LQT1 patterns are shown in Figure 1⇑. The infantile ST-T–wave pattern (Figure 1a⇑) is primarily seen in children aged 2 months to 2 years but could be seen in children aged ≤5 years. It was usually associated with other infantile ECG features, such as fast heart rate and right ventricular predominance. A short and ill-defined ST segment merged immediately with the T-wave upslope, giving the appearance of a diagonal line to the T-wave upslope. Bifid T waves were common, with the second component producing the peak of the T wave in most of the limb and left precordial leads. The T-wave downslope was steep. Generally, the T wave appeared broad-based, peaked, and asymmetrical. The QT interval ranged from borderline to obviously prolonged (QTc 470±20 ms).
The broad-based T wave5 (Figure 1b⇑) is a single, smooth, broad-based T wave that is present in most leads, particularly evident in the precordial leads. The absence of a distinct T-wave onset enhanced the broad-based appearance. The QT interval ranged from normal to obviously prolonged (QTc 490±40 ms).
For the normal-appearing T wave (Figure 1c⇑), the T-wave morphology looked normal. The QT interval ranged from normal to obviously prolonged (QTc 460±40 ms).
In the late-onset normal-appearing T wave (Figure 1d⇑), the ST segment was prolonged, and the T-wave morphology was normal. The QTc was 490±40 ms.
LQT2 patterns are shown in Figure 2⇑. Bifid T waves6 7 9 were the hallmark of the LQT2 genotype. They were usually present in most of the 12 leads. The T-wave amplitude was commonly low, and the QT interval ranged from normal to markedly prolonged (QTc 470±30 ms). Four subtypes of bifid T waves were identified: obvious bifid T waves, subtle bifid T waves of 2 types, and low-amplitude and widely split bifid T waves.
The obvious bifid T wave is shown in Figure 2a⇑, with the second component usually occurring early on the downslope of the first component.
The subtle bifid T waves are of 2 types: (1) with the second component occurring at the top (Figure 2b⇑) or (2) on the downslope of the T wave (Figure 2c⇑). We emphasize the subtle nature of these bifid T waves because they can be easily missed if they are not carefully sought.
The low-amplitude and widely split bifid T wave is shown in Figure 2d⇑). The second component often seems to merge with the U wave. This pattern tends to mimic the hypokalemic T-wave configuration.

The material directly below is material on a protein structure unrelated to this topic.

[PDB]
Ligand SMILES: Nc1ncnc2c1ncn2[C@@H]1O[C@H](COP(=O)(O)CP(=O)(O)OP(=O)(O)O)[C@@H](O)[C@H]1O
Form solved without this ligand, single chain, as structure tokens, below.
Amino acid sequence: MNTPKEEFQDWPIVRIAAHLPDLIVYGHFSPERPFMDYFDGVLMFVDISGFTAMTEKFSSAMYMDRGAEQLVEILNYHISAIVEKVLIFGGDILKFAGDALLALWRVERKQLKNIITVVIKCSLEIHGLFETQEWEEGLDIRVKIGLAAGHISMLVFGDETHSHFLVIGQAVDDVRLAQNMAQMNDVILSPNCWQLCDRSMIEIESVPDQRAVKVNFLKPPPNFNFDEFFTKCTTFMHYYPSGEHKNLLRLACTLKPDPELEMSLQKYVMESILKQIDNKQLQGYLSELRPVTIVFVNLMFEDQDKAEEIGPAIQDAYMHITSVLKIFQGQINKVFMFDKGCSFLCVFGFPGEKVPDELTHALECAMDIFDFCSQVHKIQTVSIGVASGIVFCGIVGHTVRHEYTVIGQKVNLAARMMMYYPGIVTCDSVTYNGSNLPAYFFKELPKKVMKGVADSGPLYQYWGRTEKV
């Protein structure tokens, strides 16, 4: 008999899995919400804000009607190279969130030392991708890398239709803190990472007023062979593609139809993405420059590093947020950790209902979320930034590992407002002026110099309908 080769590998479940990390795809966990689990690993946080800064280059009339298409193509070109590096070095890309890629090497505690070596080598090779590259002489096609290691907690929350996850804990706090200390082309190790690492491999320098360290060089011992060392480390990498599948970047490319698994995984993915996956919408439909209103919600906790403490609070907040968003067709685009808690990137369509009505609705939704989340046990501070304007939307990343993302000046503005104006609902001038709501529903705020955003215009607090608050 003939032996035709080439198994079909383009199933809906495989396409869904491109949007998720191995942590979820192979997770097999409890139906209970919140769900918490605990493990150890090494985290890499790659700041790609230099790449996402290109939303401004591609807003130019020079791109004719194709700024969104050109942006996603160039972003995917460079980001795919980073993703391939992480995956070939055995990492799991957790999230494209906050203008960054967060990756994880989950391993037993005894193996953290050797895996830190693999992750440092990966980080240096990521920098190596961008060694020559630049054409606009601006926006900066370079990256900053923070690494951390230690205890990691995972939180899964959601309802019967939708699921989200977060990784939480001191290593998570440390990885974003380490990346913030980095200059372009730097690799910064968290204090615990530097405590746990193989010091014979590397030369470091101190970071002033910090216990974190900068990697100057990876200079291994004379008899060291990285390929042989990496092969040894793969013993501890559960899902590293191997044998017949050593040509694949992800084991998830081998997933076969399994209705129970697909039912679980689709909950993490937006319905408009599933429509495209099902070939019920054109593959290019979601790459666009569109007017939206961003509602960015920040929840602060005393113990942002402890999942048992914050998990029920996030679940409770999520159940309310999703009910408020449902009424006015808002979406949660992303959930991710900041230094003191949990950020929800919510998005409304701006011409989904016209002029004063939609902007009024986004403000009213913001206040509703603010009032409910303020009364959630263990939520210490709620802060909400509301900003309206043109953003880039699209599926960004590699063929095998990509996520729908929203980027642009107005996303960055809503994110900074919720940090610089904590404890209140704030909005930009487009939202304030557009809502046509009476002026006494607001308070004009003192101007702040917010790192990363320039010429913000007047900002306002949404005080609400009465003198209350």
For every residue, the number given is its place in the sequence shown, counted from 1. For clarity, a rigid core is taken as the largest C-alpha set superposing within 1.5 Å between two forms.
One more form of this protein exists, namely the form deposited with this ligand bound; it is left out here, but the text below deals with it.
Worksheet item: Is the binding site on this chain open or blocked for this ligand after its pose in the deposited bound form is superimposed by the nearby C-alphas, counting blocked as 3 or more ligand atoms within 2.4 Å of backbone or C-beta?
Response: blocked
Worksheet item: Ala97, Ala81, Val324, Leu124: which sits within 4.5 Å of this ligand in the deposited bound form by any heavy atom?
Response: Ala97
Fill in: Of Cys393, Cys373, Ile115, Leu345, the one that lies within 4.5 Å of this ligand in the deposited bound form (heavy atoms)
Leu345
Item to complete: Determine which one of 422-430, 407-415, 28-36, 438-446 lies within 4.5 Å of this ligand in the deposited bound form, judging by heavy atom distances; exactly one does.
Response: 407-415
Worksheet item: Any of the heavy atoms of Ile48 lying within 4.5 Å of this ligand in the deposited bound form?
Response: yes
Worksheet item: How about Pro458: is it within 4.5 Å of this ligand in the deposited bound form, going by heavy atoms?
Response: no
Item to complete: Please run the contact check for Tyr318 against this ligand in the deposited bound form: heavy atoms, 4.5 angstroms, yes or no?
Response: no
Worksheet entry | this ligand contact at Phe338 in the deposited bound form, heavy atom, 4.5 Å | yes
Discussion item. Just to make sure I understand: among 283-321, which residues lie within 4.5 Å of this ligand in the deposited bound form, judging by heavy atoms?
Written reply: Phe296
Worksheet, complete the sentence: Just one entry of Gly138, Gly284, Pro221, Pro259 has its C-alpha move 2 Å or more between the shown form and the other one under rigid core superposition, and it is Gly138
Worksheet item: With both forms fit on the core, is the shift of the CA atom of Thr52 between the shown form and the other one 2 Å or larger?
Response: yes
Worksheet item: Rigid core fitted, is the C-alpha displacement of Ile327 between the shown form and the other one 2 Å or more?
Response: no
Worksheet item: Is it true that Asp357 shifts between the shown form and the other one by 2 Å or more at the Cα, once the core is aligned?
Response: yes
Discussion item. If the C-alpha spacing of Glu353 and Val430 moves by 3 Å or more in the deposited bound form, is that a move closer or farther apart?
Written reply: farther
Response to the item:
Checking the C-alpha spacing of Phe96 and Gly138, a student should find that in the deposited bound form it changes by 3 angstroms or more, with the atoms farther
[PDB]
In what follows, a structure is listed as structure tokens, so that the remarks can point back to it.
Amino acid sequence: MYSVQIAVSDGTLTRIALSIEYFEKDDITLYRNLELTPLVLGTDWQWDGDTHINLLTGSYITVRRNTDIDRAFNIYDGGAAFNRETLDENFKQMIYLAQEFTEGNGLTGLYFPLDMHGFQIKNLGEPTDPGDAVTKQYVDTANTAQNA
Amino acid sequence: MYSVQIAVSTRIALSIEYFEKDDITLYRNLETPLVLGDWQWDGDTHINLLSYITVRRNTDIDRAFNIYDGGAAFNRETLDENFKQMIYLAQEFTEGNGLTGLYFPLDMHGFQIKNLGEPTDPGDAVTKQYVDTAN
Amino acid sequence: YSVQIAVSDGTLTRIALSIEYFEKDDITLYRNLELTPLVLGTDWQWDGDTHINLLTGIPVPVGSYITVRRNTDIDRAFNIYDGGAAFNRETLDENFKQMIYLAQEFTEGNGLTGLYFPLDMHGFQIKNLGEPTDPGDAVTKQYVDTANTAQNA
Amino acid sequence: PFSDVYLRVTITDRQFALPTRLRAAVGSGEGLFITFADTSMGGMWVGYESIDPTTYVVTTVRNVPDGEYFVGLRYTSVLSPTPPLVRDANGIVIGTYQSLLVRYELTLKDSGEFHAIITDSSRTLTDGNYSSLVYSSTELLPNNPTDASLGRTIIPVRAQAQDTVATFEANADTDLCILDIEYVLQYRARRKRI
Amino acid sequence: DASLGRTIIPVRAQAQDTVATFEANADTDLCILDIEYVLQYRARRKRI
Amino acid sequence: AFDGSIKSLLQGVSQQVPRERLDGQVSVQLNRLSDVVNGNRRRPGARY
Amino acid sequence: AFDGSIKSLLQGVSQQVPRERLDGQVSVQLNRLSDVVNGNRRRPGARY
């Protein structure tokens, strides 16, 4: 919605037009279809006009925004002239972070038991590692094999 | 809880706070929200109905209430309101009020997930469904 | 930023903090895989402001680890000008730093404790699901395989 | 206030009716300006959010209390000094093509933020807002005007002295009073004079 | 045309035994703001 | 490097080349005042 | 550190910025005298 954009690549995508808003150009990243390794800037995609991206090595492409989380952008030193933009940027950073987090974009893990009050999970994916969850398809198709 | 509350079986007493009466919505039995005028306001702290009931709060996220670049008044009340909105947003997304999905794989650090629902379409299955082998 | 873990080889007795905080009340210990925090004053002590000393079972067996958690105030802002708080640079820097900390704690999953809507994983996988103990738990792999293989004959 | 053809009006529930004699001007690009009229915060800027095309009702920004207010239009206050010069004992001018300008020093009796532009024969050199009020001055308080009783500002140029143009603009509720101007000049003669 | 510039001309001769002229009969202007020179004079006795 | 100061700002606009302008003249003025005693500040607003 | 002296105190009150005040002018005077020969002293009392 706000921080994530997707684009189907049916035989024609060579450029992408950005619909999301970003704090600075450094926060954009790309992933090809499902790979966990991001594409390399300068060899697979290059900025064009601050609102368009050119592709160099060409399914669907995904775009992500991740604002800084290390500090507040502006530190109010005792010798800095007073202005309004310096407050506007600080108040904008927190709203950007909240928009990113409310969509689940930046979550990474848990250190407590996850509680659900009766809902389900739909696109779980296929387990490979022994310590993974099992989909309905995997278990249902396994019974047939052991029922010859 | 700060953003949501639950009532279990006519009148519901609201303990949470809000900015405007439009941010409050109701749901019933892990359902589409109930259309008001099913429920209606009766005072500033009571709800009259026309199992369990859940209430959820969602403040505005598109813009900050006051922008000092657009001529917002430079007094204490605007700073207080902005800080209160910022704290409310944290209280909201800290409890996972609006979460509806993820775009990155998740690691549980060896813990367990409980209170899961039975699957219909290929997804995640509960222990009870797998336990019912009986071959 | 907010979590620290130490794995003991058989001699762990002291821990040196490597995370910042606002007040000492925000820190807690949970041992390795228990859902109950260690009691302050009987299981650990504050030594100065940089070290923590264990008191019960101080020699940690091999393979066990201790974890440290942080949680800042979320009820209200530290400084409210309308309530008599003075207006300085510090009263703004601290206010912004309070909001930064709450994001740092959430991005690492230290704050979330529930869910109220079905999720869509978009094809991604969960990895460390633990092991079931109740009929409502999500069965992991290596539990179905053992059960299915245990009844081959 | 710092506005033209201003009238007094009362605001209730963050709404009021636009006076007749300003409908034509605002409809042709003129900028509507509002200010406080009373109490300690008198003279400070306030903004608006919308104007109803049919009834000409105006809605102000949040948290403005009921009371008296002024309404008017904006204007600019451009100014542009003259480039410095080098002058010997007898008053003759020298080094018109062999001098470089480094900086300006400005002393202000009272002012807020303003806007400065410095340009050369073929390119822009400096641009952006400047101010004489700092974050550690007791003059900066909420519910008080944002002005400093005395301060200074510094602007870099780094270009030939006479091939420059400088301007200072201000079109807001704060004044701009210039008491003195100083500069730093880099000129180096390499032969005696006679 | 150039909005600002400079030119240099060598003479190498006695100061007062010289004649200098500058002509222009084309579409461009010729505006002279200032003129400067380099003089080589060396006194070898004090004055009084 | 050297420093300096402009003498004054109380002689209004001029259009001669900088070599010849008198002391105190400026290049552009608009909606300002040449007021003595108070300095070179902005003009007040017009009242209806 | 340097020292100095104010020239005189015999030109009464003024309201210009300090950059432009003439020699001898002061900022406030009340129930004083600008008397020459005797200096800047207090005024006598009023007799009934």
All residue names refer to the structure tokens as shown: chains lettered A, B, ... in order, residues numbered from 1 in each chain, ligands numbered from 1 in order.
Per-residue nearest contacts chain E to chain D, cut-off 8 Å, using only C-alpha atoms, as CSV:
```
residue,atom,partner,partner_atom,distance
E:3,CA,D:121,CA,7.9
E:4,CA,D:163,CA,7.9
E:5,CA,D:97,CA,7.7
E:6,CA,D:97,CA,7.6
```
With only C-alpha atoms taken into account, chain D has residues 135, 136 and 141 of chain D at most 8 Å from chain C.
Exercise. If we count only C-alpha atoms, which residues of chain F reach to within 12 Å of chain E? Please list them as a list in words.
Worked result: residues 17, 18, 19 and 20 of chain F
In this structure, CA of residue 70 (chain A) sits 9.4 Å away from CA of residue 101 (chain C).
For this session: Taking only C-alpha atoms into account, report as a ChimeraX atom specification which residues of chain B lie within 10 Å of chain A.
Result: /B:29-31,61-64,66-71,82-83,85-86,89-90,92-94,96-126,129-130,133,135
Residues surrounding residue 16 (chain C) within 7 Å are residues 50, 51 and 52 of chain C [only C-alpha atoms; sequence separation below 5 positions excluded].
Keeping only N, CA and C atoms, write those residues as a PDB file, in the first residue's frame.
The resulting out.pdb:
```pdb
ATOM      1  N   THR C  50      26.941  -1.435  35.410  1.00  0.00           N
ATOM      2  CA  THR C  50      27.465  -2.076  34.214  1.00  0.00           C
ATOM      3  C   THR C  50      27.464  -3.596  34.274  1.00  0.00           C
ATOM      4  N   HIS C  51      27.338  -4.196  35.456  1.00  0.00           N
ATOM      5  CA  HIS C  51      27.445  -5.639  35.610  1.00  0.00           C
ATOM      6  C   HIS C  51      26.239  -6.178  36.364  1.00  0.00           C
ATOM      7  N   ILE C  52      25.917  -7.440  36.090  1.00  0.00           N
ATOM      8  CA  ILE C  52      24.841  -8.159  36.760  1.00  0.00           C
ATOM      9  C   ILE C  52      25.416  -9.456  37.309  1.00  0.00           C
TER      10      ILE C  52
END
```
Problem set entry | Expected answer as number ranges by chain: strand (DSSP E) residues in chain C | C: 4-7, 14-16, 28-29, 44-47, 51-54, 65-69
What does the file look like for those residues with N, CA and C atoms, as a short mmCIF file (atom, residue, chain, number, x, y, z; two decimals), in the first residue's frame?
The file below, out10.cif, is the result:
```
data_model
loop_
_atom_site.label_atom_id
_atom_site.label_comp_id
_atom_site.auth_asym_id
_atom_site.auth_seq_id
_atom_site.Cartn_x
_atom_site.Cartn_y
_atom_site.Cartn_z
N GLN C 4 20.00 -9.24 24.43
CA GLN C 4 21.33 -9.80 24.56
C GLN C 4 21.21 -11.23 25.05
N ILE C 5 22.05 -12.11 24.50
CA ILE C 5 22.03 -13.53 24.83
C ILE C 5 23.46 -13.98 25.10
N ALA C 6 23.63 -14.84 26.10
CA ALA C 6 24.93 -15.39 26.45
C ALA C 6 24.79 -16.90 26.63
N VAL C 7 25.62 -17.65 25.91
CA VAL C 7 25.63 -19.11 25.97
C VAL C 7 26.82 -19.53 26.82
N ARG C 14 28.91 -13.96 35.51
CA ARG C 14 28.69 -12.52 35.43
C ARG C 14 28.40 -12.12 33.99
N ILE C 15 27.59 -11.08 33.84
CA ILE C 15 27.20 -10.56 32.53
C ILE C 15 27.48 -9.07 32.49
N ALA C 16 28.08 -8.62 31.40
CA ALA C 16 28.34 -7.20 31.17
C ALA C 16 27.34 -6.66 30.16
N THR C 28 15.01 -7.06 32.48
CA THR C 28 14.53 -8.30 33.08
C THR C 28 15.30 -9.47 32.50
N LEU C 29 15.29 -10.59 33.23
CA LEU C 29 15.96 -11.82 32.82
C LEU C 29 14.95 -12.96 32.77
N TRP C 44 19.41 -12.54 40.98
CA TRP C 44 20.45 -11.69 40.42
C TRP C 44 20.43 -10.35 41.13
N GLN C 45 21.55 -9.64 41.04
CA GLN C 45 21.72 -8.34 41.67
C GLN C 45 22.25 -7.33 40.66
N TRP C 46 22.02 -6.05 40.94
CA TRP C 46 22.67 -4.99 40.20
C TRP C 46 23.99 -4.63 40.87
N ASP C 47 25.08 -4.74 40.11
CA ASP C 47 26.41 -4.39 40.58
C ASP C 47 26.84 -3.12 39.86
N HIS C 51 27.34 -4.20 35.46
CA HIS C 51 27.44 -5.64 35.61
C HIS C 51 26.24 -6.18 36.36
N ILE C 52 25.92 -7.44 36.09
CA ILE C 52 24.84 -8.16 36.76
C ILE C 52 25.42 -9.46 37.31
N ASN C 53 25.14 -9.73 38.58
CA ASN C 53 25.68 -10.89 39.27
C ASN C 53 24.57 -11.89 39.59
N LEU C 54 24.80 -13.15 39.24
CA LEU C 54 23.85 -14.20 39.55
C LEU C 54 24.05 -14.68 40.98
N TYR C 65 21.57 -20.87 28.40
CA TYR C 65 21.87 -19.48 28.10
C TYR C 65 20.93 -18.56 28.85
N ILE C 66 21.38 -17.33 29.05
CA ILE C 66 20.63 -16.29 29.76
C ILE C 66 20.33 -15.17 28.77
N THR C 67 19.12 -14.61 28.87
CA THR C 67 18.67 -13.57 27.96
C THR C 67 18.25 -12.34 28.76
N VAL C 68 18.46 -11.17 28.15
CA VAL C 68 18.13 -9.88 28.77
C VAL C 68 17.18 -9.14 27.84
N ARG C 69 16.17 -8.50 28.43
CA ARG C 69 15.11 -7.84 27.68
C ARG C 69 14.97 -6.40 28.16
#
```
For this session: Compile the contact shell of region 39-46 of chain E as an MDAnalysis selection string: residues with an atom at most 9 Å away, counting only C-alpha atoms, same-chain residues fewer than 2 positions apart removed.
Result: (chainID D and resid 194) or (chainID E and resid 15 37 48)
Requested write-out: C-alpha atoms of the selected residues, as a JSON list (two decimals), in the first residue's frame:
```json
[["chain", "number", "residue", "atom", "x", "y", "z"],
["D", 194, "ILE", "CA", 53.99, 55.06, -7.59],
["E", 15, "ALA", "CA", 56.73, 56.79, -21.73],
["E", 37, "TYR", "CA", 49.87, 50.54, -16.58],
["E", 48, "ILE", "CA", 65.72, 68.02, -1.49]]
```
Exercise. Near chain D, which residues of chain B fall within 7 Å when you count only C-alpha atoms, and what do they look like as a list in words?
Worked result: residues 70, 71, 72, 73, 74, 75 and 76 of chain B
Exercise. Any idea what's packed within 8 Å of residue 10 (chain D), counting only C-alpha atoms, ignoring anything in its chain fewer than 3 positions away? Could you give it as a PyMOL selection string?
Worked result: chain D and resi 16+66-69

The bifid T wave can be confused with a TU complex. It is usually distinguishable as a bifid T wave by careful observation of all 12 leads. For example, in Figure 2d⇑, the second component of the T wave is merged with the U wave in leads II, III, aVF, and V2 to V6, but the end of the T wave can be clarified in leads I, aVL, and V1, where the U wave is absent.
LQT3 patterns are shown in Figure 3⇑. In late-onset, peaked, and/or biphasic T waves5 (Figure 3a⇑), a long ST segment was present with a narrow peaked or biphasic T wave. The T-wave onset and offset were usually distinct, and the downslope was steep. The QT interval was often markedly prolonged (QTc 530±40 ms).
In the asymmetrical peaked T wave (Figure 3b⇑), the T wave was peaked and asymmetrical with a steep downslope. The QTc was 470±30 ms.
Typical ST-T–wave patterns were seen in 88% of LQT1 and LQT2 carriers and in 65% of LQT3 carriers (Table 1⇓). In LQT1, the normal-appearing T wave was the most common (37%), followed by the broad-based T wave (21%), and late-onset normal-appearing T wave (15%). Approximately 15% of the LQT1 gene carriers were young children, and most showed the infantile pattern. In LQT2, 88% of the gene carriers showed bifid T waves, and 7% showed a nonspecific T wave. There was a 3% overlap of typical patterns between LQT1 and LQT2. In LQT3, 53% of the carriers exhibited the late-onset peaked/biphasic T-wave pattern, 12% exhibited the asymmetrical peaked T-wave pattern, and in 33%, there was overlap with LQT1 patterns.
All LQT1 and LQT2 families had different mutations, yet the typical patterns were similar regardless of the mutation. All 4 typical LQT1 patterns were present in 1 LQT1 family, and all 4 typical LQT2 patterns were present in 1 LQT2 family. The majority of LQT1 and LQT2 families demonstrated at least 2 patterns typical for their genotype. Three of 6 LQT3 families displayed both typical LQT3 patterns.
Quantified Repolarization Variables